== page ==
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Leading Tickles fights school closure

Leading Tickles’ two-room schoolhouse was built in 2006 and was slated for closure at the end of the school year.
Leading Tickles’ two-room schoolhouse was built in 2006 and was slated for closure at the end of the school year. - Sarah Ladik

Mother proud and hopeful after meeting with trustees, school board

LEADING TICKLES, NL – While final word on whether their school will stay open will come after Feb. 3, parents in Leading Tickles have made their case for its importance.  

“There were things last night that the board of trustees didn’t know,” parent Nora Chippett said Jan. 11, the morning after a meeting with eight members of the Newfoundland and Labrador English School District (NLESD) board of trustees, as well as four representatives for the district itself.  

“I think their eyes came open, and I’m glad they did,” said Chippett. “I’m glad they came. If we didn’t make the presentations last night, they weren’t going to come…We were nervous, and we did it, and we’re proud that we did.” 

Leading Tickles Primary – built in 2006 – is slated to close in June. After that, its nine students will be sent about 30 kilometres down the road to Point Leamington, a total travel time of about 55 minutes.  

While Chippett understands high-school students leaving the community, she said the travel is too much, too soon for grades 4, 5 and 6, let alone kindergarteners and grades 1 and 2.  

“It’s a long run for kindergarten to Grade 3 to travel up there. That’s long days,” she said. “I have a girl, she’s in Grade 5, and she leaves here at 10-to-eight in the morning she doesn’t return until 3:40, 3:45. So it is long days for smaller kids.” 

The enrolment projections for Leading Tickles, according to the school district, are 10 in 2017, eight in 2018, four in 2019-2020, five in 2021, six in 2022, seven in 2023, and five from 2024-2026.  

Point Leamington Academy is expected to see a steady decrease in students from 72 in 2017 to 50 in 2026. The addition of the students from Leading Tickles Primary would not affect the maximum room requirement at Point Leamington Academy, according to the district.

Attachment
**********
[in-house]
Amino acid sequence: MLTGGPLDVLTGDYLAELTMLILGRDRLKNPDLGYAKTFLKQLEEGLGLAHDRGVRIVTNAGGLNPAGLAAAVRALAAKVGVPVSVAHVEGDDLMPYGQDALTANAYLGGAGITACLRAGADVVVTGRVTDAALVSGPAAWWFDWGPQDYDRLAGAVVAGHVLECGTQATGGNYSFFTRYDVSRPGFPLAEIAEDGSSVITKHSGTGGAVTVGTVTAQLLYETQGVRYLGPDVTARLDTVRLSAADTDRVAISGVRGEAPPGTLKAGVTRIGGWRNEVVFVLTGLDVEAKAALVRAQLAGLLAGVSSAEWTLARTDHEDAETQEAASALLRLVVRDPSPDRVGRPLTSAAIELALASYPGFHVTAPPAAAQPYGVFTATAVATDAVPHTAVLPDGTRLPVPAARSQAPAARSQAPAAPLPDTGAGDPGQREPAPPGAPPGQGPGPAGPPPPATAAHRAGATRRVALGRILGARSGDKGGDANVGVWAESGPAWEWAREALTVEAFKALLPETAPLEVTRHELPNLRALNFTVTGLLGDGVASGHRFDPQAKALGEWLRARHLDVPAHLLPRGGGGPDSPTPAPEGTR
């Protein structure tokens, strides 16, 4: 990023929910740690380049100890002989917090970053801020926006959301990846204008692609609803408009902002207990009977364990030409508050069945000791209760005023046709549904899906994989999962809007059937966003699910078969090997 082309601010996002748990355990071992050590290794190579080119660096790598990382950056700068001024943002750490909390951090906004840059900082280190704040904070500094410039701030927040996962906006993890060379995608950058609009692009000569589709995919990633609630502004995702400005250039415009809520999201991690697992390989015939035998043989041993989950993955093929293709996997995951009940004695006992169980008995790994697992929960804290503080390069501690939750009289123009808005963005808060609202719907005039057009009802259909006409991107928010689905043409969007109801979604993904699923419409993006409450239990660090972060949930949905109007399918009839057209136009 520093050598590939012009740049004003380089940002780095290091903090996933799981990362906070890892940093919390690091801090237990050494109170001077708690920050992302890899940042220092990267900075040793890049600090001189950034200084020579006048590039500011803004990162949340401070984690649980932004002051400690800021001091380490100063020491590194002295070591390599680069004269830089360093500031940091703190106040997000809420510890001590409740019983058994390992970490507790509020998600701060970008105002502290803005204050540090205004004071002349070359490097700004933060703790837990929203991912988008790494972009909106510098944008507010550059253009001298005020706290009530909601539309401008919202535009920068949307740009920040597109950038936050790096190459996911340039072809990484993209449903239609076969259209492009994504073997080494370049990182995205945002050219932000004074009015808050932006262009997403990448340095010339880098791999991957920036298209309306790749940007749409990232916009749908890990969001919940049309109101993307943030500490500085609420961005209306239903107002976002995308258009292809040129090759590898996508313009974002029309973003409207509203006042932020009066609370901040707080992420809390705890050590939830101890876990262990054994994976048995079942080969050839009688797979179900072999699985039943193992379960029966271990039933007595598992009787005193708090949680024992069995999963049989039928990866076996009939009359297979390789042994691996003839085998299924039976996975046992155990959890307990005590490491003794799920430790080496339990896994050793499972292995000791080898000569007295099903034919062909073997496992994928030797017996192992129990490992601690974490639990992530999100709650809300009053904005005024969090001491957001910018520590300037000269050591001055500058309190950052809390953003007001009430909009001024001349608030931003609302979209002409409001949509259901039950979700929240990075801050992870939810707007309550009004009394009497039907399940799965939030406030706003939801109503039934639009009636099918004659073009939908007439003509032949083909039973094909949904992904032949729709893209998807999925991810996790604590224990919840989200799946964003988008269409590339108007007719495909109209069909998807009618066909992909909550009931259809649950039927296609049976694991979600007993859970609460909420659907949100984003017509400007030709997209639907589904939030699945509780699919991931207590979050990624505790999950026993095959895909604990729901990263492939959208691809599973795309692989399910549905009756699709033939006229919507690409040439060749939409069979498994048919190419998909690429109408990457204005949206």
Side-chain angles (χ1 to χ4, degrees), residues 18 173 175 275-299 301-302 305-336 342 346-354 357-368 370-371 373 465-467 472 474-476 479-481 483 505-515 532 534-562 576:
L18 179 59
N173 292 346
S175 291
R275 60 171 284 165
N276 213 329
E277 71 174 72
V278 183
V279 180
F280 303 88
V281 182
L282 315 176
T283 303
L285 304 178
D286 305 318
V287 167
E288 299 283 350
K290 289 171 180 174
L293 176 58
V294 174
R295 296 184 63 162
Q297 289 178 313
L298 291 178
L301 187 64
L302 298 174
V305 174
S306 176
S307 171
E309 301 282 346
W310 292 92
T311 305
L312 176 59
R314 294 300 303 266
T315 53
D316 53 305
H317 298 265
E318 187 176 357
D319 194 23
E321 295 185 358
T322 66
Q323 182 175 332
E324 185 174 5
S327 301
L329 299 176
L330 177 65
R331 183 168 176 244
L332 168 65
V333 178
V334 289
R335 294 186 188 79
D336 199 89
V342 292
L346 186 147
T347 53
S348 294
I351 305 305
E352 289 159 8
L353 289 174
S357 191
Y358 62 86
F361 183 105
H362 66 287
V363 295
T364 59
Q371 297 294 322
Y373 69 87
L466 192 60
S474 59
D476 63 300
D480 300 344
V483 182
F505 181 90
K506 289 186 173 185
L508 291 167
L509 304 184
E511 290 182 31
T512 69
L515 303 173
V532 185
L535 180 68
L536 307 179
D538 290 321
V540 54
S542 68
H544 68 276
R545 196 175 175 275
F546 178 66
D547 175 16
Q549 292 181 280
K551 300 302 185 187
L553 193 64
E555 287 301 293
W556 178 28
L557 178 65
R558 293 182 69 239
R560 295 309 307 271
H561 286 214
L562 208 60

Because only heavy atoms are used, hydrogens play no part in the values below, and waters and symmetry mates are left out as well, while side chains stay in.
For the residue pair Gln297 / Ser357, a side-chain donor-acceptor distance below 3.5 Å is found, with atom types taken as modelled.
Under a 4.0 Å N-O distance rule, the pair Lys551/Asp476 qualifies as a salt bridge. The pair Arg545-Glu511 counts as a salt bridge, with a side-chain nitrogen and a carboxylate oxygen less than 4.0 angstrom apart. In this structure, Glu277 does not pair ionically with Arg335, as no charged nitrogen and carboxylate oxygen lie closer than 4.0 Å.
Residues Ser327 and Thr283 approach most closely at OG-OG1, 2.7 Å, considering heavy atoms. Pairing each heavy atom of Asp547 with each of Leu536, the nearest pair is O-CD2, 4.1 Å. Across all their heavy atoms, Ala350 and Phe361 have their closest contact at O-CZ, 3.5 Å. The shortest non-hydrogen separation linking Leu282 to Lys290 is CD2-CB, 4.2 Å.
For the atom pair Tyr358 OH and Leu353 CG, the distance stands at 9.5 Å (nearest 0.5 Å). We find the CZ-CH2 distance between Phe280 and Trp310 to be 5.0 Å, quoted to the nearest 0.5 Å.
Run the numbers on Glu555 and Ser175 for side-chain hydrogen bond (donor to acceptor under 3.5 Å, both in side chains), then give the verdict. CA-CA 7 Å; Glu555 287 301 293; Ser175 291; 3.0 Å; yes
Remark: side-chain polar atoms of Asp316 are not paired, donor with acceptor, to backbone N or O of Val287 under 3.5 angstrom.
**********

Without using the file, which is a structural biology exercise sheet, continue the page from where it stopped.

The Advertiser has also reported that closing the school would save $73,000 per year in operating costs, with $23,000 in support staff salaries and benefits, $17,400 in utilities, $900 in janitorial products, $28,500 in snow removal, $800 in municipal fees, and $2,400 in repairs and maintenance. 

One of the larger expenses is running a bus in the community to take children to school and back every day, but Chippett said this is something parents are more than willing to take over if it will help save their school.  

“There’s not a lot of young families here anymore, it’s mostly all seniors,” she said. “We got a couple of families that moved back, and they have younger children who aren’t in school yet. They moved back thinking their children would go to school here. Who’s going to move back if your child cannot go to school here?... I wouldn’t.” 

Not only does Chippett want to see the school kept open, she hopes to see it expand to take back the six students, including her daughter, in grades 4, 5 and 6 who are currently travelling to Point Leamington.  

Chippett was pleased with the turnout for the meeting, despite some confusion as to whether it was meant to be public. She said the trustees’ main concern seemed to be the quality of education the children are receiving at Leading Tickles Primary.  

Arguments have been made that they do not have access to all the resources a bigger school may have, including after-school programming. However, not only are the parents of Leading Tickles satisfied, Chippett said the staff-to-student ratio at the local school is much lower than that of bigger schools in the area.  

As for after-school opportunities, she said there is no late bus running between the two communities, putting the onus on families to find a way home for their participating children.  

The school’s fate will be decided at a board meeting Feb. 3 when trustees vote on the issue. The period for the public to provide comment online closes Jan. 22. Chippett encouraged anyone who can make their voice heard to do so.  

“That’s when we’ll know what happens,” she said. “If we’re still open, and hopefully we are.” 

The Advertiser reached out to Thomas Kendell, the trustee responsible for Leading Tickles Primary, for comment. He directed queries to the school district.  

When contacted, a spokesperson for the district referred to the section of its website dealing with the changes, which can be found at https://www.nlesd.ca/schools/schoolreview/index.jsp.  

Sarah.ladik@gfwadvertiser.ca 

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